“We’ll wear great clothes and make soulful music.”
That was the promise Kevin Rowland made to the first line-up of Dexys Midnight Runners when he formed the group in 1978.
The pledge held true through Dexys’ audacious and powerful live performances, seven Top Twenty hits (including the Number Ones Geno and Come On Eileen) and the landmark albums Searching For The Young Soul Rebels, Too-Rye-Ay and Don’t Stand Me Down.
And style, soulfulness and emotional honesty remain Dexys’ hallmarks as spring 2012 witnesses the group’s return with stupendous new album One Day I’m Going To Soar and a series of hotly-awaited shows.
With the name streamlined from Dexys Midnight Runners to Dexys, the genesis of the reinvention lies in the period following the group’s acclaimed live performances of 2003. “I’d already been working on some of these songs and started to revamp them five or six years ago, – a few of them had been written with Jim, Paterson a couple alone and the rest with various people” says Rowland. “The plan was to do an album at that time, but it didn’t happen. I’m glad. If it had happened then, it wouldn’t be as good as it is now.”
An important breakthrough was Rowland’s decision to collaborate with keyboard player Mick Talbot; the former Style Council founder had also played on the 2003 dates and briefly been a member of the Dexys’ line-up way back in 1980.
“About four years ago I’d already visualised the album pretty much in the running order its in now, but was struggling to take it forward,” says Rowland. “One day I met a friend who also knows Mick. She mentioned him. Later that day I realised Mick was what I needed: a proper heavyweight collaborator. We arranged to meet for a cuppa and as soon as I saw him I knew it was going to work – he was wearing 40s clothes. That was a sign that we were in tune.
With Pete Schwier and Rowland, Talbot is the album co-producer. “Mick has given his all to Dexys,” says Rowland. “I’ve been very impressed by his care, attention and commitment.”
As the songs took shape, Rowland and Talbot gathered together the team of contributors who now constitute Dexys 2012.
These include such stalwarts of earlier line-ups as co-writer/horn player Jim Paterson, bass-player and singer Pete Williams and violinist Lucy Morgan (the latter two also participated in the 2003 live dates). It was Lucy who suggested the band use string arranger Ben Trigg for the album.
With a new retro inspired look, the group’s dynamic has been upped by the presence of actress/singer Madeleine Hyland as co-vocalist on dialogue-driven duets such as I’m Always Going To Love You and Incapable Of Love.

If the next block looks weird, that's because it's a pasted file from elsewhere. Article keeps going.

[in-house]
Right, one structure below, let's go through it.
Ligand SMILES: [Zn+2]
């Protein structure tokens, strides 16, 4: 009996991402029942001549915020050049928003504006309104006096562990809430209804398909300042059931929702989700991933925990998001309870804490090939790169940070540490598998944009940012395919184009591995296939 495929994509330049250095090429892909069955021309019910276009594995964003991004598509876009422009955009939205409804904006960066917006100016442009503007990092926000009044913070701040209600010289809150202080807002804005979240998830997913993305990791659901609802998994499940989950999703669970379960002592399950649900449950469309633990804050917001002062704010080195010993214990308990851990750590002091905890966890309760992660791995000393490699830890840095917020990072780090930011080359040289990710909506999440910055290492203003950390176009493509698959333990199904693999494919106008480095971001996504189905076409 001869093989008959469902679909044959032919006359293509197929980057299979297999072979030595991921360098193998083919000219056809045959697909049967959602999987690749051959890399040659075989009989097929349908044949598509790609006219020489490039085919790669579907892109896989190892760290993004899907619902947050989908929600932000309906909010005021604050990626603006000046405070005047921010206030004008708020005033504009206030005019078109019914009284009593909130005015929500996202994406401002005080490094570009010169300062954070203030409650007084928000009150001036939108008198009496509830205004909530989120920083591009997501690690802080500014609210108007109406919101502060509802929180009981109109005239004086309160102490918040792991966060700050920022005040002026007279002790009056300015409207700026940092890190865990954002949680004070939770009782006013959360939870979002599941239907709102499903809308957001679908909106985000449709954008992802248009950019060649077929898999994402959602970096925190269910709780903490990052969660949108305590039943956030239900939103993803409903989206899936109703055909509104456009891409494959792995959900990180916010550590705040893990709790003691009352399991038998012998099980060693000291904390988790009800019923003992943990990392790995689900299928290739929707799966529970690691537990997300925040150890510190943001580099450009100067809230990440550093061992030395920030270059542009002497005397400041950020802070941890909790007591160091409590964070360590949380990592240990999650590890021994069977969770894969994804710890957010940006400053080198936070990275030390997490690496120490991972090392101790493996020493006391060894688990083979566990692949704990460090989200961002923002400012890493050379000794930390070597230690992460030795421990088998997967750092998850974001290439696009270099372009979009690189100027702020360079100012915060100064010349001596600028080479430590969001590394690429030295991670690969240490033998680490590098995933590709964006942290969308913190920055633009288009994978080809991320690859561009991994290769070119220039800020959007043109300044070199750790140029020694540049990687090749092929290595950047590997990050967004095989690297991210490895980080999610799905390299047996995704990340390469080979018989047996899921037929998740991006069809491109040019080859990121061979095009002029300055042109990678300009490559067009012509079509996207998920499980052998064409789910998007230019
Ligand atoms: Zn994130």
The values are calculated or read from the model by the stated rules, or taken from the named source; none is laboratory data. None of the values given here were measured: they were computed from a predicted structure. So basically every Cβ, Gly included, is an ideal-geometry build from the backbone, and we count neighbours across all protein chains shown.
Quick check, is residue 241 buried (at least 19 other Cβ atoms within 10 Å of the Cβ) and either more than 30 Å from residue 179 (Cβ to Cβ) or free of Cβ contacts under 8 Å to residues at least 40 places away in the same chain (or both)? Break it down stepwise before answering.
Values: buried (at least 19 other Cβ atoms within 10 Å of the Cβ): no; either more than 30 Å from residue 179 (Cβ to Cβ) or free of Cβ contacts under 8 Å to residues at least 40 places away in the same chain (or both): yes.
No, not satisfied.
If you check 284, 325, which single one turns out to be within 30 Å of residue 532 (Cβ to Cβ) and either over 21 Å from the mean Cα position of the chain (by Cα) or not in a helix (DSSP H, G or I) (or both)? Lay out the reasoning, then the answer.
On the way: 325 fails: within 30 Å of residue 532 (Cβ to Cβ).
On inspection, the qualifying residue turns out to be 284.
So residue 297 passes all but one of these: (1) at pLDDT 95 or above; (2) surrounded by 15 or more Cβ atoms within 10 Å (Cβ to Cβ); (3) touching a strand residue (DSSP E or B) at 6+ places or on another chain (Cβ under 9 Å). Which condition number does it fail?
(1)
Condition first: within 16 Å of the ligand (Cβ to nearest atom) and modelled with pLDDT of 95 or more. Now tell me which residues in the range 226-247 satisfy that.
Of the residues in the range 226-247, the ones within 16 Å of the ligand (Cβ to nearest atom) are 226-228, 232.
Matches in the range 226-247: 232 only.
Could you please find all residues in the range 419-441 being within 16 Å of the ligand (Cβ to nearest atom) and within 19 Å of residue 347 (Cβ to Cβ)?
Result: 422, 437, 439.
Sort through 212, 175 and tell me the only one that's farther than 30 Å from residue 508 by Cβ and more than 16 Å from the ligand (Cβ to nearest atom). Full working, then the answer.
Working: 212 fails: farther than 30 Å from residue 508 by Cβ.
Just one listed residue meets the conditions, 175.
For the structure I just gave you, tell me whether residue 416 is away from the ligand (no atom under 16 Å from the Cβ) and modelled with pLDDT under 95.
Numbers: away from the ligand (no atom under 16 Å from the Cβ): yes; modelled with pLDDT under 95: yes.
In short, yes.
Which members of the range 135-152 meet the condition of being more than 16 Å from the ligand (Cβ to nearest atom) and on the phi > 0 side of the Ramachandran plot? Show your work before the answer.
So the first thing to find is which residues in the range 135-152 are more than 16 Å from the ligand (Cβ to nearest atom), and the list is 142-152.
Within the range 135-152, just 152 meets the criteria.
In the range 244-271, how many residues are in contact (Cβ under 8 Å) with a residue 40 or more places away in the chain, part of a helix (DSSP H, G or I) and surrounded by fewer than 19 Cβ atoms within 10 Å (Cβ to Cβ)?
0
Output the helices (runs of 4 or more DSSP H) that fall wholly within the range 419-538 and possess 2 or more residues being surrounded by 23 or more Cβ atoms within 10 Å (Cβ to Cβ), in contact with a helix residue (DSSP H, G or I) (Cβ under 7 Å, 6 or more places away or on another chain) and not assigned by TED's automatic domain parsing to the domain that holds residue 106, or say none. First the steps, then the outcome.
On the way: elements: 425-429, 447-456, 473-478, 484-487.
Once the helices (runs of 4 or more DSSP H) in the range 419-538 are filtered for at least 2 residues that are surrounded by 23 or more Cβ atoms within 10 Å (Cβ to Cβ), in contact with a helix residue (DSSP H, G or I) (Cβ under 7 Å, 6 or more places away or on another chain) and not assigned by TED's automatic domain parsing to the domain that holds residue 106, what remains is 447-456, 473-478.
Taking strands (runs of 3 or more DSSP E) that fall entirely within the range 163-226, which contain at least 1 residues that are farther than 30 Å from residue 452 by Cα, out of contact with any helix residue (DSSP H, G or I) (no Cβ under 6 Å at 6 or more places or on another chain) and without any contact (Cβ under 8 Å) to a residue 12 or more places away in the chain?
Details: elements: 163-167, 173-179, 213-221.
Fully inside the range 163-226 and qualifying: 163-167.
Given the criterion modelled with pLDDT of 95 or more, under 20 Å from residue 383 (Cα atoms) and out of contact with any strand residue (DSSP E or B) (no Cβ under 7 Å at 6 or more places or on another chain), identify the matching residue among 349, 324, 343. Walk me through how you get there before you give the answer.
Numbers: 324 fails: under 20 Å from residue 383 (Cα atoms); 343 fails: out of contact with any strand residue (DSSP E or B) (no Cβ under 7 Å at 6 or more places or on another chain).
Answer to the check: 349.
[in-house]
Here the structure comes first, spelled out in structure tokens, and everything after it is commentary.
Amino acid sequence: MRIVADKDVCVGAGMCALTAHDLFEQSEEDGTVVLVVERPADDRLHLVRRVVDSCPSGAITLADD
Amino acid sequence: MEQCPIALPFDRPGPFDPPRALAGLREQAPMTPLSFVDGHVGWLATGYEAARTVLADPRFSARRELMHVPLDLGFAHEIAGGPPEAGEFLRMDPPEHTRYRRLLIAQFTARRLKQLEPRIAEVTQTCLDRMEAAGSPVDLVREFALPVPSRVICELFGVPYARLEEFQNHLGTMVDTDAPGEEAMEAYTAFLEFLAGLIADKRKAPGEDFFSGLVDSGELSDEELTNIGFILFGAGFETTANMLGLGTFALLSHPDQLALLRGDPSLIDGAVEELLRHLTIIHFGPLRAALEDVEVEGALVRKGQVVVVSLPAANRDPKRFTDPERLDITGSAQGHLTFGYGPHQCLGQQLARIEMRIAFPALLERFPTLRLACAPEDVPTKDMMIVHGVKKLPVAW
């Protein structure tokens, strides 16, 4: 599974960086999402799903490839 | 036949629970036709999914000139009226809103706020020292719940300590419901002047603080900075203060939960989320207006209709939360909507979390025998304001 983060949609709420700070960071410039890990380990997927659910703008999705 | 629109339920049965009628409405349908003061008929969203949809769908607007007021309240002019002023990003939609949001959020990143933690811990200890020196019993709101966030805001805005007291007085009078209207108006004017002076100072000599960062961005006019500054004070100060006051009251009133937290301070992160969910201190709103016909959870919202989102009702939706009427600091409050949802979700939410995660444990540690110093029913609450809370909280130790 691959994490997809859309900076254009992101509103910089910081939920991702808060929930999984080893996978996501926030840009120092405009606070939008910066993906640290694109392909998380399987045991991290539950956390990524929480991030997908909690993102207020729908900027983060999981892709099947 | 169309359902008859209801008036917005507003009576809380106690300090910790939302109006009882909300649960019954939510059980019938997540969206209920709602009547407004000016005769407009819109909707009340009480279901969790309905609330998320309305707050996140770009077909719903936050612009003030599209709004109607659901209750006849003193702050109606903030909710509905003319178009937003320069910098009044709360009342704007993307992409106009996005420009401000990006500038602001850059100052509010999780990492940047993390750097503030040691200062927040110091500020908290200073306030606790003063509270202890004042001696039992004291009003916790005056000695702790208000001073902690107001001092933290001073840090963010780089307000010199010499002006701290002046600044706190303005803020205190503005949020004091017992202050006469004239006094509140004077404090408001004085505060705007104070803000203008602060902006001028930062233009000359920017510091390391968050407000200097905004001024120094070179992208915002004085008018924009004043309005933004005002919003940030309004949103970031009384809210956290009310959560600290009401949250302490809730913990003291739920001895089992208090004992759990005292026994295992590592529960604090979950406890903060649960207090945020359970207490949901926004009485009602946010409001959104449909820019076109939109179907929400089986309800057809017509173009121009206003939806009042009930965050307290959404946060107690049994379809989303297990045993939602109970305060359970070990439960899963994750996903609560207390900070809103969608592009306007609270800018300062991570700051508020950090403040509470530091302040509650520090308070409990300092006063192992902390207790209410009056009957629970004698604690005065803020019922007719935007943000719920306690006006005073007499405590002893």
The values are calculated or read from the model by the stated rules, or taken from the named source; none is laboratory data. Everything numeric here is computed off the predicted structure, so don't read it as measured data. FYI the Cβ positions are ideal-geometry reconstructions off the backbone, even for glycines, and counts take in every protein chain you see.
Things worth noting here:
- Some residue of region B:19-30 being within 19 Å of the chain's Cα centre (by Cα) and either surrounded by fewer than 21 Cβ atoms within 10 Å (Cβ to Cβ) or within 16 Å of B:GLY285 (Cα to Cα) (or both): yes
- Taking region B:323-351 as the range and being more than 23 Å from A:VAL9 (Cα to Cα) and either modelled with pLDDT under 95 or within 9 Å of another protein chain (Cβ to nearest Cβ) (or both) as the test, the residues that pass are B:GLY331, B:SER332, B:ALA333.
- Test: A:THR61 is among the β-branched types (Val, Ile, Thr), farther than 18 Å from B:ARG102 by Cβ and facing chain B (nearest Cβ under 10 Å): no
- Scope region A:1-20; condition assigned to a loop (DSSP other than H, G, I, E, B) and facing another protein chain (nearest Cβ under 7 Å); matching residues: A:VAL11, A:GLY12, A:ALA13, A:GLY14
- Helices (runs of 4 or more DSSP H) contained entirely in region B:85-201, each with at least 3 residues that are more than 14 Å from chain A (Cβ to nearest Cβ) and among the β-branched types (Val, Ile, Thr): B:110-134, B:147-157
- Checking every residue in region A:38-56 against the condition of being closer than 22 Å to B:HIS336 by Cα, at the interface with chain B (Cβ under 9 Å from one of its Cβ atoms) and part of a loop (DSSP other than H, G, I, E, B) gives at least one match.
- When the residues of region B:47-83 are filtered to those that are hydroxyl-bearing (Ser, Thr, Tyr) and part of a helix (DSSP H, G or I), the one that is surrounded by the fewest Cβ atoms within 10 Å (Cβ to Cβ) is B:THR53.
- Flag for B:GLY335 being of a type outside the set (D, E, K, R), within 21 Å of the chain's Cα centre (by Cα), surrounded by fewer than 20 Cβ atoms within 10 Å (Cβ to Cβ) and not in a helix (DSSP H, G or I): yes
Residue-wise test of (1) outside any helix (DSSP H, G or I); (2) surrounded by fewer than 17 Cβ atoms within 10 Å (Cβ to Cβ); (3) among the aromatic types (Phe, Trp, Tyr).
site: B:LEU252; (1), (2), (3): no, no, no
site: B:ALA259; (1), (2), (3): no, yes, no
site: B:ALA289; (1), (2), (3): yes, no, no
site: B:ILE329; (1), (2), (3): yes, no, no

“I was looking for the right person for those songs for years,” says Rowland, who scoured London’s Burlesque scene and retro clubs. It felt like the search for Scarlett O Hara in Gone With The Wind. “I tried out loads; some were great vocalists but weren’t convincing on the speaking parts, and vice versa. Then I met Maddy at Brick Lane Art Car Boot Fair last year; we were introduced by my friend Phil Dirtbox, who mentioned she was a singer. I thought Maddy looked right and asked her to try out some demos at my place, recording her on my iPhone. She nailed it and, when I played it to Mick, he agreed she was the one.”
One Day I’m Going To Soar was made over a period of months at The Premises in Rowland’s east London neighbourhood.
“I liked the fact it was walking distance from where I live,” he said. “That way there wasn’t the hassle of going into a huge studio where the expectations are massive before you even start. I wanted to keep everything relaxed.”
After intensive pre-production (“just me and Mick. He would come round to my place and we’d take the songs apart and put them back together again”) the album was recorded two tracks at a time. “In my experience that’s the best way to avoid a record sounding like the result of a production line, you stop the music being linear,” says Rowland.
“Before we went in each time, Mick and I and the guys were meticulous in our preparation – ironing out the details. By making sure we were absolutely prepared, we could be more spontaneous and in the actual process. And also, because I was co producing, I wanted to get the bands music out of the way, so that when it came to recording, id be able to concentrate more on my singing.
Rowland adopted certain method acting techniques to enhance his performance, taking photographs of the songs subjects, or artefacts that would help him access the relevant emotion, while he, Talbot and Williams – all natty dressers – competed with each other in wearing stylish clothes.
“Everyone was dressed interestingly; it made us all step up,” says Rowland, who understands like few others the importance of visuals in popular music.
The association with highly respected fashion photographer Chiko Ohayon is particularly interesting. Rowland was introduced to Ohayon at the retro club-night Lady Luck by DJ El Nino.
“Chiko’s on the scene and dresses very well himself, so he totally gets it,” says Rowland. “The shoot and all the pre production, was enlightening. Chiko is a real artist and he taught me one or two general creative principles. He was perfect for the album cover. And he just seemed to turn up at exactly the right time, as has been the case with just about everyone accosiated with this album”
Ohayon’s cover image communicates the sophistication, style and substance of One Day I’m Going To Soar with ease.
Decades after Rowland’s original pronouncement, Dexys are still wearing great clothes and producing soulful music without peer.